Maybe it’s because nothing Bush did every really made sense to me at the time.

Whatever the reason, I can’t really describe Decision Points using any word besides surreal.

Freakonomics: A Fun Film Your Brain Will Like

As a huge fan of the Freakonomics books I was thrilled to see the new film based on them last night. I’m still not sure if the film lived up to my massive expectations, but I am sure I enjoyed it.

More of a film festival than a film, Freakonomics is about a lot of things – sumo wrestlers cheating, abortions lowering crime rates and bribes encouraging children to study, to name a few. The central thesis of the film, much like the books that inspired it, is simple: incentives matter. People react to incentives, but not necessarily in the ways you’d expect.

For example: real estate agents. Early on in the film it’s pointed out that a realtor’s best interest isn’t necessarily aligned with yours, because you getting an extra $10,000 isn’t necessarily worth them working an extra week for a minor increase in commission. In the film Levitt states you can prove this by comparing how long realtors take to sell clients houses to how long realtors take to sell their own houses.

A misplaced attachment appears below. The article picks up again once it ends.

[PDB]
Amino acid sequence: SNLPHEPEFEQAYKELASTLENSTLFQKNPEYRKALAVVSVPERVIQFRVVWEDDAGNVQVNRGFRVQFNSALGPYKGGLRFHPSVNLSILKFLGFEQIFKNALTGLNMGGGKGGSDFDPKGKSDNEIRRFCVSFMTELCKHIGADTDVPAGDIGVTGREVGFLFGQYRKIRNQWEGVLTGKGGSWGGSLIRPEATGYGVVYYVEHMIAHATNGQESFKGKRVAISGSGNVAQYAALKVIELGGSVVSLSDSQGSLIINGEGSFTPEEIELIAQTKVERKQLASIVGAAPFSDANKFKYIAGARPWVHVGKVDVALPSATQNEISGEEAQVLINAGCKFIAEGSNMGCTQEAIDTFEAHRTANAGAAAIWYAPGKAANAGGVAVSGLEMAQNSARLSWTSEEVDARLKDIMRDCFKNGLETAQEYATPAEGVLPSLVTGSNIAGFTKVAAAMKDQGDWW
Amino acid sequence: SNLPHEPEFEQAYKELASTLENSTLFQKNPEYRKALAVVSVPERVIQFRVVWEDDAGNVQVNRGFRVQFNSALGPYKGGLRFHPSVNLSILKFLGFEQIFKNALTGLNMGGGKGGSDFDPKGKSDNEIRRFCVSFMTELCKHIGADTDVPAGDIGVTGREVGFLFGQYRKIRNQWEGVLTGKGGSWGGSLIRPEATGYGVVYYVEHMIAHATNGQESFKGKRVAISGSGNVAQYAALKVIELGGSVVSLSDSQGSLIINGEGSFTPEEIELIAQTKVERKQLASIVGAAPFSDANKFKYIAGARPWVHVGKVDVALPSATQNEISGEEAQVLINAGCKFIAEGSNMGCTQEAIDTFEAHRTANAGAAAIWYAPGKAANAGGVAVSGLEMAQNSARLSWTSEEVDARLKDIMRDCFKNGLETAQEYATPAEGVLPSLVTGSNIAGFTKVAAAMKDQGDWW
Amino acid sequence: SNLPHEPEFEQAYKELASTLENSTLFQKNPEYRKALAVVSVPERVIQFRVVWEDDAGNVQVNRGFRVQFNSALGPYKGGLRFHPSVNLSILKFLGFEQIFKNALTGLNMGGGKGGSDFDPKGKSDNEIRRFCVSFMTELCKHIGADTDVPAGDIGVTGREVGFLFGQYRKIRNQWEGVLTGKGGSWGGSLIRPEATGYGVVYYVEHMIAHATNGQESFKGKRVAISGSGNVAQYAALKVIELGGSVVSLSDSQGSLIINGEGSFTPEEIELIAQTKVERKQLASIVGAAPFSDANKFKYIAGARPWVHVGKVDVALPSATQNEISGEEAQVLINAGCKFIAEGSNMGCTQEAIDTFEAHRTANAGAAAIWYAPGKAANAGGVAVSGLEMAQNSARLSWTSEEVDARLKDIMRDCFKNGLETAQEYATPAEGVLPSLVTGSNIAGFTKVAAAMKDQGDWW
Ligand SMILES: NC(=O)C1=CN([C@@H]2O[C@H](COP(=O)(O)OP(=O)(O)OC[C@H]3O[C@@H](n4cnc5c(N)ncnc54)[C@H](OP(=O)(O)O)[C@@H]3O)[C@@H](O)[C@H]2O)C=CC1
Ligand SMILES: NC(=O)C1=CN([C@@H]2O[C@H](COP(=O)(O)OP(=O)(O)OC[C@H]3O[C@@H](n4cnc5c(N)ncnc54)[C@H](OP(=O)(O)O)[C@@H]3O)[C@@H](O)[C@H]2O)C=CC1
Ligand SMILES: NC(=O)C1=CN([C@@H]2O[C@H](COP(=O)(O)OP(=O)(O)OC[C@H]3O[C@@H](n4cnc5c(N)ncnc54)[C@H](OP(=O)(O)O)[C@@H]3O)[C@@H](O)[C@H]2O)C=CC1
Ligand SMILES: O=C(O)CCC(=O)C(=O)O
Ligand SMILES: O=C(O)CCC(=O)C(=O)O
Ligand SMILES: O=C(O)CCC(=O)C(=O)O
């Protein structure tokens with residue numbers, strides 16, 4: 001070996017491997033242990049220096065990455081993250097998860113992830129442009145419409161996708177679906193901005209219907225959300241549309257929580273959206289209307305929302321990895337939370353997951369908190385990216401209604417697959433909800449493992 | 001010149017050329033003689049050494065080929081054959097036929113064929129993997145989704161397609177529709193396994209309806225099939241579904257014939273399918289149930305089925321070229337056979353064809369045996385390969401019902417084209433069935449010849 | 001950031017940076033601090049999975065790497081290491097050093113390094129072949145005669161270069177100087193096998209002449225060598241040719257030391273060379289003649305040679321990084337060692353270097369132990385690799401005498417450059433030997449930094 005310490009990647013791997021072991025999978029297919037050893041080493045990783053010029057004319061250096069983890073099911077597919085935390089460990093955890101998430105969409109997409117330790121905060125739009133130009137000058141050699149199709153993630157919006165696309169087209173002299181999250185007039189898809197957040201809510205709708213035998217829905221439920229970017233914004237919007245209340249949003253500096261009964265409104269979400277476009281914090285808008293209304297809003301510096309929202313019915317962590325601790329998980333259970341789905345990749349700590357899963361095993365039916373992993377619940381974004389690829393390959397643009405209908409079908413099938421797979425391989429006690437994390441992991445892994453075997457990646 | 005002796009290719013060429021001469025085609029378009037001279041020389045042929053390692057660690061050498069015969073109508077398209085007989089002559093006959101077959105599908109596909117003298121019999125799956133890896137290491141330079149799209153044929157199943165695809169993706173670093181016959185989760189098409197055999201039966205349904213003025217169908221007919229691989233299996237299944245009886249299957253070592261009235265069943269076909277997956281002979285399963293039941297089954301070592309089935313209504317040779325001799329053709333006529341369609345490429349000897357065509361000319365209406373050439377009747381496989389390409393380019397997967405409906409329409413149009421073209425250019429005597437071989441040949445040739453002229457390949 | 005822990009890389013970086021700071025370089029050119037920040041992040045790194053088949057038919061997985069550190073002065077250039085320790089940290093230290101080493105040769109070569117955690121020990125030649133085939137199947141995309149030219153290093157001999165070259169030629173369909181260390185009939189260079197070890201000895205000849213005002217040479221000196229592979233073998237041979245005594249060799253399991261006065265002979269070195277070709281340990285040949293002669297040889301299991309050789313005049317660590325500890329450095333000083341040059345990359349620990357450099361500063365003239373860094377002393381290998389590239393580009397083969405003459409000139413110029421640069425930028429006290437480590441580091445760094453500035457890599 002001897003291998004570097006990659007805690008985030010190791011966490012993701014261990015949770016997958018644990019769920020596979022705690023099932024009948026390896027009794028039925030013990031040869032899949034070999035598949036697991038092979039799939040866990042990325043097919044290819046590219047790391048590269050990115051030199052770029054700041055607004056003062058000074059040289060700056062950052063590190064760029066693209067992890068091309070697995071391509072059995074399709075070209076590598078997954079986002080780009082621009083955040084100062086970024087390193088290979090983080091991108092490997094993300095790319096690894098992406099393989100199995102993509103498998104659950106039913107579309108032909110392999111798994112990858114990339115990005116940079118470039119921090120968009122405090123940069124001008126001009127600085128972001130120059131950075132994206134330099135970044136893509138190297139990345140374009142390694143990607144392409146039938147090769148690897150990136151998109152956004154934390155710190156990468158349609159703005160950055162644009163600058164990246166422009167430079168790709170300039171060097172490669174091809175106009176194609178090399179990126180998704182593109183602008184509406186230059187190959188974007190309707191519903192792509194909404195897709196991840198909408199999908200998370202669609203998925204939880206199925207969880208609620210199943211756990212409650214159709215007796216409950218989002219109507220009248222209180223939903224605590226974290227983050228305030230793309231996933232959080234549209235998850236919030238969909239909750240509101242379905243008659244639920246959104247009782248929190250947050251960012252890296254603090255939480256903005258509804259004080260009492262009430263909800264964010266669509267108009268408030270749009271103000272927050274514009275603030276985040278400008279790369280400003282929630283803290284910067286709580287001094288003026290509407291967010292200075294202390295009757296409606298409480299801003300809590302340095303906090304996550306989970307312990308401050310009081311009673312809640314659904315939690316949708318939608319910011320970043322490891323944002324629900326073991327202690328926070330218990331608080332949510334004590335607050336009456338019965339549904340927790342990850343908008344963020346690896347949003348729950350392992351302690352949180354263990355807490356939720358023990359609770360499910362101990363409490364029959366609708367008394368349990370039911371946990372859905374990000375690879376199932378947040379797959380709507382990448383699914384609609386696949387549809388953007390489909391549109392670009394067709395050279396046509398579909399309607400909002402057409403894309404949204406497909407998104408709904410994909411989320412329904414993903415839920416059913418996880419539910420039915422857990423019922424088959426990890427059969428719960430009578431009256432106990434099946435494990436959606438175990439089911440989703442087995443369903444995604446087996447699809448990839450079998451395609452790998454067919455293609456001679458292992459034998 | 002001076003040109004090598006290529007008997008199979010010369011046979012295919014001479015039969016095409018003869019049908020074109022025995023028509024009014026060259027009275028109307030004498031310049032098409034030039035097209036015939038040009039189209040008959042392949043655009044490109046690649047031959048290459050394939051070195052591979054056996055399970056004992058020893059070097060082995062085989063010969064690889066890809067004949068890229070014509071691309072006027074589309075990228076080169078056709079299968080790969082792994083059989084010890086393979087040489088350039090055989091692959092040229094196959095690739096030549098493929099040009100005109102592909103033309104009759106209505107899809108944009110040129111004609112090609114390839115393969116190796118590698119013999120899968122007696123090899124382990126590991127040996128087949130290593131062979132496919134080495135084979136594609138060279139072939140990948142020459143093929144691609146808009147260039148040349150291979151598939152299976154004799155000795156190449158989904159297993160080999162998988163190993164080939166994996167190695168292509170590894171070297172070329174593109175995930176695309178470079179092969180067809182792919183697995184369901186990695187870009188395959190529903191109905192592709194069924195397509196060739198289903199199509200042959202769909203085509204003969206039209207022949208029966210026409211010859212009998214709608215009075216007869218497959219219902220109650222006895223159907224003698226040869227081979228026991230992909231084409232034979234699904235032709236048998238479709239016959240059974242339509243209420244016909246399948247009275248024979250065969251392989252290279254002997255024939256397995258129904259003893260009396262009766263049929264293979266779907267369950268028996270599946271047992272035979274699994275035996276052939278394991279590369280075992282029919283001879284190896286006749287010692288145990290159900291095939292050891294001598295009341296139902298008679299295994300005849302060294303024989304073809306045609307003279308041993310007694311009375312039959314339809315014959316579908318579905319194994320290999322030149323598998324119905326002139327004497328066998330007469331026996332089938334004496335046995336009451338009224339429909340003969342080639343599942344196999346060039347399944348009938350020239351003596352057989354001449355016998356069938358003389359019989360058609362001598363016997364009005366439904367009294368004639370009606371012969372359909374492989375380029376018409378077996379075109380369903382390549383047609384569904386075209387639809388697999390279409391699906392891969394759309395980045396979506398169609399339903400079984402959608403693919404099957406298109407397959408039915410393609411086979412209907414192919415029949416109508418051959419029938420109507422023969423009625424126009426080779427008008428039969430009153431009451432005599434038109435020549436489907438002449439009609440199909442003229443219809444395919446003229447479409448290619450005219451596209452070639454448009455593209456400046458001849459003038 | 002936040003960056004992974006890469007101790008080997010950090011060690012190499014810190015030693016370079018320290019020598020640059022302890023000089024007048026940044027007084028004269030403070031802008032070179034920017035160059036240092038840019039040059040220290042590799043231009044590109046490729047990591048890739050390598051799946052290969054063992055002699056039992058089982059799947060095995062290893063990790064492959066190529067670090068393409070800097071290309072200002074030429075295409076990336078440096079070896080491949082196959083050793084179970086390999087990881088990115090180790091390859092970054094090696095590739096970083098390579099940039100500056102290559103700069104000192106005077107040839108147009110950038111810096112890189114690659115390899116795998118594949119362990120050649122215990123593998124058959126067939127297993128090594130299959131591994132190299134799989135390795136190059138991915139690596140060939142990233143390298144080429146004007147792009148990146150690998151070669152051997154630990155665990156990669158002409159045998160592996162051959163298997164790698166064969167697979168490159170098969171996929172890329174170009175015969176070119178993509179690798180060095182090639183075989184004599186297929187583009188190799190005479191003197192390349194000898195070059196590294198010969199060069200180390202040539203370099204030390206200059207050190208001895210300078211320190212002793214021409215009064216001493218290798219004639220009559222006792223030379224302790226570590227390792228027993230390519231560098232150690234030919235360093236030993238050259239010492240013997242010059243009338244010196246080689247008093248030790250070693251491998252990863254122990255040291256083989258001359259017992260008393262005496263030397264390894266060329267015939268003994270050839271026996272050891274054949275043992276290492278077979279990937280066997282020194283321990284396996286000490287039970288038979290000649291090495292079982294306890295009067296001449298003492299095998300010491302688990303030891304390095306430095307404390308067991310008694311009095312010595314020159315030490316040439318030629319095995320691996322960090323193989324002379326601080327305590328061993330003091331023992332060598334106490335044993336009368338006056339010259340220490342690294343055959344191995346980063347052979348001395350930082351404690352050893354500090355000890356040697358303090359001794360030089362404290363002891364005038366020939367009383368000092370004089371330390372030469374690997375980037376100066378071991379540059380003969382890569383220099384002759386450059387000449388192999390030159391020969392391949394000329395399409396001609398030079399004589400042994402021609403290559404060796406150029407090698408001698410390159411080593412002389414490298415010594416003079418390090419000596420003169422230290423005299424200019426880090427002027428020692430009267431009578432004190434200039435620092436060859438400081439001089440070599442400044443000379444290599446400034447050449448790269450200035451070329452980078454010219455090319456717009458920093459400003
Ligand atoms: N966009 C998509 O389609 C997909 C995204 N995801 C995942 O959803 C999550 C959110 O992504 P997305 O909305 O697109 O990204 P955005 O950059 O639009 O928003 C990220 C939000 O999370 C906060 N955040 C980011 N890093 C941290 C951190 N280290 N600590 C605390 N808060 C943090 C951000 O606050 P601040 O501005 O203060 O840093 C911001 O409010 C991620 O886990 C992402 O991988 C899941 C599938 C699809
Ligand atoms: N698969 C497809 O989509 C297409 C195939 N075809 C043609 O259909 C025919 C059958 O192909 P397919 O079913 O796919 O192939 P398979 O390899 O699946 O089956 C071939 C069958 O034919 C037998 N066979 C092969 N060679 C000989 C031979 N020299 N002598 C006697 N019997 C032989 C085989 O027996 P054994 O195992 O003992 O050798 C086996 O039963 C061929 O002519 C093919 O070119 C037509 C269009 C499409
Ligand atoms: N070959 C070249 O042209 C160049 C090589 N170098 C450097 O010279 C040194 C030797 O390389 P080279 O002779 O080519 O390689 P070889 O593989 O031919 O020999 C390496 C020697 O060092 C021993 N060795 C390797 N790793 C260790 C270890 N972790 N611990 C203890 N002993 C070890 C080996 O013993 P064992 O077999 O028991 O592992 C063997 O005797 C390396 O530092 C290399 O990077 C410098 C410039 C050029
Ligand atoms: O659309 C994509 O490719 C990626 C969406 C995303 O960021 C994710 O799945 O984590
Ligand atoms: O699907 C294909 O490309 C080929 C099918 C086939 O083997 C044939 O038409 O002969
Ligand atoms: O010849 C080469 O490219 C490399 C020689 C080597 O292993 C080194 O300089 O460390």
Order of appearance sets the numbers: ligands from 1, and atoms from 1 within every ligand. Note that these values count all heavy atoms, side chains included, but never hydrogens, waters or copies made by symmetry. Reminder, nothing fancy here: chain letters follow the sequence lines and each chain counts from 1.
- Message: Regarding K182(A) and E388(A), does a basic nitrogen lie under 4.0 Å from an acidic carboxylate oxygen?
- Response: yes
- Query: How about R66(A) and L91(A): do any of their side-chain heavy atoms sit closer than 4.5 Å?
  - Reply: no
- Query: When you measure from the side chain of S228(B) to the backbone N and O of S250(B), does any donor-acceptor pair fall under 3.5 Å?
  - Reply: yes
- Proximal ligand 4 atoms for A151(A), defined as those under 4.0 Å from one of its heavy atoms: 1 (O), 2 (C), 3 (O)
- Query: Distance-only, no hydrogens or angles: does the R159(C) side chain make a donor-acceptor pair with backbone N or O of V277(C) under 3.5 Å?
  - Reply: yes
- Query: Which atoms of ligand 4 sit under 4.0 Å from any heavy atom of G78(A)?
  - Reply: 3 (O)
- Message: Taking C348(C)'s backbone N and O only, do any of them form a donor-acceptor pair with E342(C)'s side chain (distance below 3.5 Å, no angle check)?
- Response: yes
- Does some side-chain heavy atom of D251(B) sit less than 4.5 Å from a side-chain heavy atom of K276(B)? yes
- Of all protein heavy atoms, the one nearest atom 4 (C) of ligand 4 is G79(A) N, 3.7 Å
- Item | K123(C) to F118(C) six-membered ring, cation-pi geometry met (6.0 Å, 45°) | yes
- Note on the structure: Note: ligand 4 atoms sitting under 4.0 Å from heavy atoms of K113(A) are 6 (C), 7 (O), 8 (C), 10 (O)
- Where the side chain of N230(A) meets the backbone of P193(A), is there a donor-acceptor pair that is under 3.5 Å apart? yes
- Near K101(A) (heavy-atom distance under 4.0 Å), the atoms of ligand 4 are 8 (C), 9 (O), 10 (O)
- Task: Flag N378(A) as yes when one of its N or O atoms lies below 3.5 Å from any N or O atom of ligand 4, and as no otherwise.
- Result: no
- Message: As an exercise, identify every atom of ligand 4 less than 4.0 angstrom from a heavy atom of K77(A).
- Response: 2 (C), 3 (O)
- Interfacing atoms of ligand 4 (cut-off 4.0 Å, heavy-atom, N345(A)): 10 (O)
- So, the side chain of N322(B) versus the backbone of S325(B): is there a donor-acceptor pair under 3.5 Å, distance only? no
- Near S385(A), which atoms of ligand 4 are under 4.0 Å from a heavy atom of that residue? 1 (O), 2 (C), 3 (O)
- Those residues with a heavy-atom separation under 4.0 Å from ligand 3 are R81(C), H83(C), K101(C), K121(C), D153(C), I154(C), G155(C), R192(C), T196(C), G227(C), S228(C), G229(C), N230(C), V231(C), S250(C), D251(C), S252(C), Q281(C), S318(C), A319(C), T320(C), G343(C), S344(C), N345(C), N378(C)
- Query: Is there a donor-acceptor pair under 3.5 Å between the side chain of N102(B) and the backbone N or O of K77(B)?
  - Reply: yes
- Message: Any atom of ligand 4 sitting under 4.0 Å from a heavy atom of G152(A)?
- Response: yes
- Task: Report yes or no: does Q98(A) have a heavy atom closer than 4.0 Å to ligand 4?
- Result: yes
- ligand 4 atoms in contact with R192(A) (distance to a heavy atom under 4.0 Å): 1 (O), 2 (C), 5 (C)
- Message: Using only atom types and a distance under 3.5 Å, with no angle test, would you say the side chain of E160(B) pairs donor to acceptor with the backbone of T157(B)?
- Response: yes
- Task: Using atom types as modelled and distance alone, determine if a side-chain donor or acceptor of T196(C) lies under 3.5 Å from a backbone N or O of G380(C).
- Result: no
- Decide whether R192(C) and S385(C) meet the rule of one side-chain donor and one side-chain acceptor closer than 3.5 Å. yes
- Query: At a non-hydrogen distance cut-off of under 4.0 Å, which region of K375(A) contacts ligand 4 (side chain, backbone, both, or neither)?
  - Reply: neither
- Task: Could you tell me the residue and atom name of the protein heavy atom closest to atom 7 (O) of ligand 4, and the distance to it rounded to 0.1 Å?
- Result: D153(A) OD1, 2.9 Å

These kinds of scenarios are played out a few times in the film, the product of 6 different directors. The film is divided into four different short films, tied together with segments featuring Steven Levitt and Stephen Dubner (co-authors of Freakonomics and Superfreakonomics.)

The first segment, directed by Super Size Me’s Morgan Spurlock, examines whether a given name can cause a child to turn out a certain way. Paced quickly in Spurlocks typical style, this segment concludes that your name doesn’t so much cause your future as tell you a lot about the socio-economic situation you were born into. There are some cheap laughs here, which I enjoyed, and it’s a great short to start with.